454 F.3d 1265
UNITED STATES of America, Plaintiff-Appellee,
Rick Dean STICKLE, Defendant-Appellant.
United States Court of Appeals, Eleventh Circuit.
July 6, 2006.
G. Richard Strafer, G. Richard Strafer, P.A., Miami, FL, for Defendant-Appellant.
Aaron P. Avila, U.S. Dept. of Justice, Environment & Natural Resources Div., Washington, DC, Anne R. Schultz, Asst. U.S. Atty., Miami, FL, for Plaintiff-Appellee.
Appeal from the United States District Court for the Southern District of Florida.
Before ANDERSON, FAY and SILER*, Circuit Judges.
FAY, Circuit Judge:
This case involves the deliberate pollution of international waters and whether this defendant was properly charged and tried in this district court. Appellant appeals his convictions for one count of conspiring to violate the laws of the United States and one count of knowingly discharging an oily mixture into the sea without an oil discharge monitoring system. Rick Dean Stickle was the Chairman and Owner of Sabine Transportation Company, which managed and operated oceangoing vessels engaged in transporting various cargoes. While crossing the South China Sea on a return voyage to the United States, laborers of the S.S. JUNEAU discharged contaminated wheat and diesel fuel into the sea without the use of an oil monitoring and discharge control system. Stickle was tried by a jury which adjudicated him guilty on both counts. He contends that the indictment should have been dismissed because the JUNEAU was not a freight vessel as defined in the charged statutes. He further asserts that the government was required to prove venue beyond a reasonable doubt and that the evidence presented at trial was insufficient to establish venue in the Southern District of Florida. Finding no merit in these contentions, we affirm.
I. Factual Background
Sabine Transportation Company (“Sabine”) owned, managed and operated a fleet of older tank ships used to transport cargo. Sabine is one of several corporations headquartered in Cedar Rapids, Iowa, collectively known as Stickle Enterprises. Rick Dean Stickle was the Owner and Chairman of Stickle Enterprises. Stickle was an intensely hands-on manager who regularly involved himself in the business’ daily operations and decision making. Stickle and the operation managers were in constant communication with their vessels either by fax, email or telephone. In addition, Stickle met with operation managers on a daily basis to discuss the daily reports from vessels at sea.
In 1998, Sabine purchased the S.S. JUNEAU, an aging, single-hulled vessel, originally built as an oil tanker. The JUNEAU was immediately designated to carry a cargo of wheat for CARE and World Food Programs from Portland, Oregon to Bangladesh. Sabine purchased the JUNEAU with the intention of making a single trip to transport wheat abroad. In order to accomplish this trip, Sabine had the Coast Guard certify the JUNEAU to carry wheat (as opposed to oil), that is, certify the JUNEAU as a freight vessel, rather than an oil tanker. The United States Coast Guard conducted an inspection and issued a Certificate of Inspection (“COI”) making it lawful for the JUNEAU to operate as a freight vessel for this single trip. In addition to a COI, United States Vessels that travel overseas must comply with international requirements. The JUNEAU needed an International Oil Pollution Prevention Certificate (“IOPP”). There are two types of IOPP certificates: Form A, for ships other than oil tankers, and Form B, for oil tankers. Because Sabine elected to operate the JUNEAU as a freight vessel, the Coast Guard issued it a Form A.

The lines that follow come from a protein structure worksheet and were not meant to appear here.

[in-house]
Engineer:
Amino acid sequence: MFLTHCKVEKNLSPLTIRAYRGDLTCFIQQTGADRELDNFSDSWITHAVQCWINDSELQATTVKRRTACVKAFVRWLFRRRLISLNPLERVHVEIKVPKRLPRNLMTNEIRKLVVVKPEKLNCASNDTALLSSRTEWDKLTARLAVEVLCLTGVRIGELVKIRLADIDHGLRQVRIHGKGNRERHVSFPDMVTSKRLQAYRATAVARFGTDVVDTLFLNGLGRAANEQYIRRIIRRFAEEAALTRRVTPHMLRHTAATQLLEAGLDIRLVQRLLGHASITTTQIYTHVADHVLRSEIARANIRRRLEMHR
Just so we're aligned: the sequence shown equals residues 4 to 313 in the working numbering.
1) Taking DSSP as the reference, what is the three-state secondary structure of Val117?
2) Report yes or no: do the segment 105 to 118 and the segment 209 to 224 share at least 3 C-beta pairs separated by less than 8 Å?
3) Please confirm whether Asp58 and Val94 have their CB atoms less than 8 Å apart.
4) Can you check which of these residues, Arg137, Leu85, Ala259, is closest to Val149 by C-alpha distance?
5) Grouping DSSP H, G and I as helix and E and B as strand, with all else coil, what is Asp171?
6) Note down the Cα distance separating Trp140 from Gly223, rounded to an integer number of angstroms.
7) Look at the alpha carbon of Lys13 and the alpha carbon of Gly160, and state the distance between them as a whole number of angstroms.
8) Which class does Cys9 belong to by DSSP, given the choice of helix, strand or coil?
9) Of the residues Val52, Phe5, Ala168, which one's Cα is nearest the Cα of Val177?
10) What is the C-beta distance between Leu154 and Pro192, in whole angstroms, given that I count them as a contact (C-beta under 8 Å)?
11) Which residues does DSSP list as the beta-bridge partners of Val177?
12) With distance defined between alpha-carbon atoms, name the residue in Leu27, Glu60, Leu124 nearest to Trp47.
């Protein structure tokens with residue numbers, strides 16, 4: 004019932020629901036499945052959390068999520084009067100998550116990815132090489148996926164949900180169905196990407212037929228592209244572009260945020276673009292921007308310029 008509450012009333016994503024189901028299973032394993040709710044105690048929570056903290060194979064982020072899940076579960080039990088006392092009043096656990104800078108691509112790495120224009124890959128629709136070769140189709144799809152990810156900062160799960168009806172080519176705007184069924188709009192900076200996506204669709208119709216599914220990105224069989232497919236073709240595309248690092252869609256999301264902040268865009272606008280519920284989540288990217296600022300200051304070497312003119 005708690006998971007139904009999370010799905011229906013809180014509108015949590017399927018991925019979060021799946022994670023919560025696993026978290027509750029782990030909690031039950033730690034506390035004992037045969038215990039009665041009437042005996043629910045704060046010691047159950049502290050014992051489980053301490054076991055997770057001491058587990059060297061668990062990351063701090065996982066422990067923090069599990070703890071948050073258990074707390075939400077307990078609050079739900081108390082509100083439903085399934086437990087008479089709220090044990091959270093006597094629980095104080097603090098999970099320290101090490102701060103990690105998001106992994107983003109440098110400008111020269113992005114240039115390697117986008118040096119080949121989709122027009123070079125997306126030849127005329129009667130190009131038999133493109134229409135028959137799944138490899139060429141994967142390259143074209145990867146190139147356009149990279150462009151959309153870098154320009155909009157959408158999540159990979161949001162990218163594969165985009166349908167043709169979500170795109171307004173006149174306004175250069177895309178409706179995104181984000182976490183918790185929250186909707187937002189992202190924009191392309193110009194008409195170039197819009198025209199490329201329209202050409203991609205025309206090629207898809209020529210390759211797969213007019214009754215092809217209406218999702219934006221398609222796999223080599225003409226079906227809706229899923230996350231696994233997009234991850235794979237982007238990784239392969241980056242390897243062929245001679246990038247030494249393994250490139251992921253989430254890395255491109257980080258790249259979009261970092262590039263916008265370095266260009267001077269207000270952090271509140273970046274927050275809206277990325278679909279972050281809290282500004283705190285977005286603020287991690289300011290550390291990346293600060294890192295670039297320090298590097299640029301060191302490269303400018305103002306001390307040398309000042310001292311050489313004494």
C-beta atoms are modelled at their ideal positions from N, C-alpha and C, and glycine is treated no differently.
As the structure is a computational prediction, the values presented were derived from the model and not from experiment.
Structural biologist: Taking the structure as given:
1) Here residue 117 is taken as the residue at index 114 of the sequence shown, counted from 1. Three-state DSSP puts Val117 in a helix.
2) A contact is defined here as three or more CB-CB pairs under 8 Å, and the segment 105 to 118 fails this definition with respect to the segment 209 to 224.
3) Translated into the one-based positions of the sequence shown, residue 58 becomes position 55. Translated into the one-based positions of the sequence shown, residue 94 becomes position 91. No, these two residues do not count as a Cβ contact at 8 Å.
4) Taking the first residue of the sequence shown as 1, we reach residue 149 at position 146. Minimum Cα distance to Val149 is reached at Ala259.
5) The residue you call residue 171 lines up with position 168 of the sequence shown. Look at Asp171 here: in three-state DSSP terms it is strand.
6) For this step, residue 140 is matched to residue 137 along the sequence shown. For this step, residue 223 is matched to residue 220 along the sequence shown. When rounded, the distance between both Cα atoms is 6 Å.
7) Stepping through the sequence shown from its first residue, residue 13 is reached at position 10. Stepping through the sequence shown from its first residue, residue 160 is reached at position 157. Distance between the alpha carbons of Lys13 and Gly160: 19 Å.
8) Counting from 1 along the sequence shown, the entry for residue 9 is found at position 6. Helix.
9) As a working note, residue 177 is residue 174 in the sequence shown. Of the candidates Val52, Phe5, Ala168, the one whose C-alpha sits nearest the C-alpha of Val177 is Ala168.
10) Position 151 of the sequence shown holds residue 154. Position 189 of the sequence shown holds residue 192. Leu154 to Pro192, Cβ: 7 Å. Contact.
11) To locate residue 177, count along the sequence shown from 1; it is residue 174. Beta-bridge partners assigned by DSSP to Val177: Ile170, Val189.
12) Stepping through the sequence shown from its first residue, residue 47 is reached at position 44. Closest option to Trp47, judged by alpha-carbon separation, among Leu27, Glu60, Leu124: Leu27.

On October 27, 1998, under the control of Captain Stuart Valentine, the S.S. JUNEAU started its voyage from Portland, Oregon to Bangladesh. Consistent with the COI, the JUNEAU’s cargo consisted of 113,000 metric tons of wheat. En route to Bangladesh, the JUNEAU stopped in Singapore to load diesel fuel. This fuel was to be used to run several evacuators which would be used to offload the ship’s cargo. When the JUNEAU arrived in Bangladesh in December, 1998, crew members discovered that diesel fuel had leaked into the cargo deck and contaminated the grain. Approximately 9000 gallons of diesel fuel leaked from the starboard slop tank into the bottom of the cargo tank, saturating about 440 metric tons of the wheat cargo. Delivery of the contaminated wheat was refused by Bangladeshi purchasers. At this point in time, the operators of the S.S. JUNEAU had to decide what to do with the worthless, contaminated cargo. Bangladesh regulations require contaminated portions of food cargoes to be discharged and destroyed while the vessel is still in port. This requirement was established because too many vessels were disposing of their waste in Bangladeshi waters. The operators of the JUNEAU, concerned with the expense and delay in disposing of the contaminated cargo ashore, decided to leave Bangladesh with the contaminated portion of the wheat still in the cargo tank.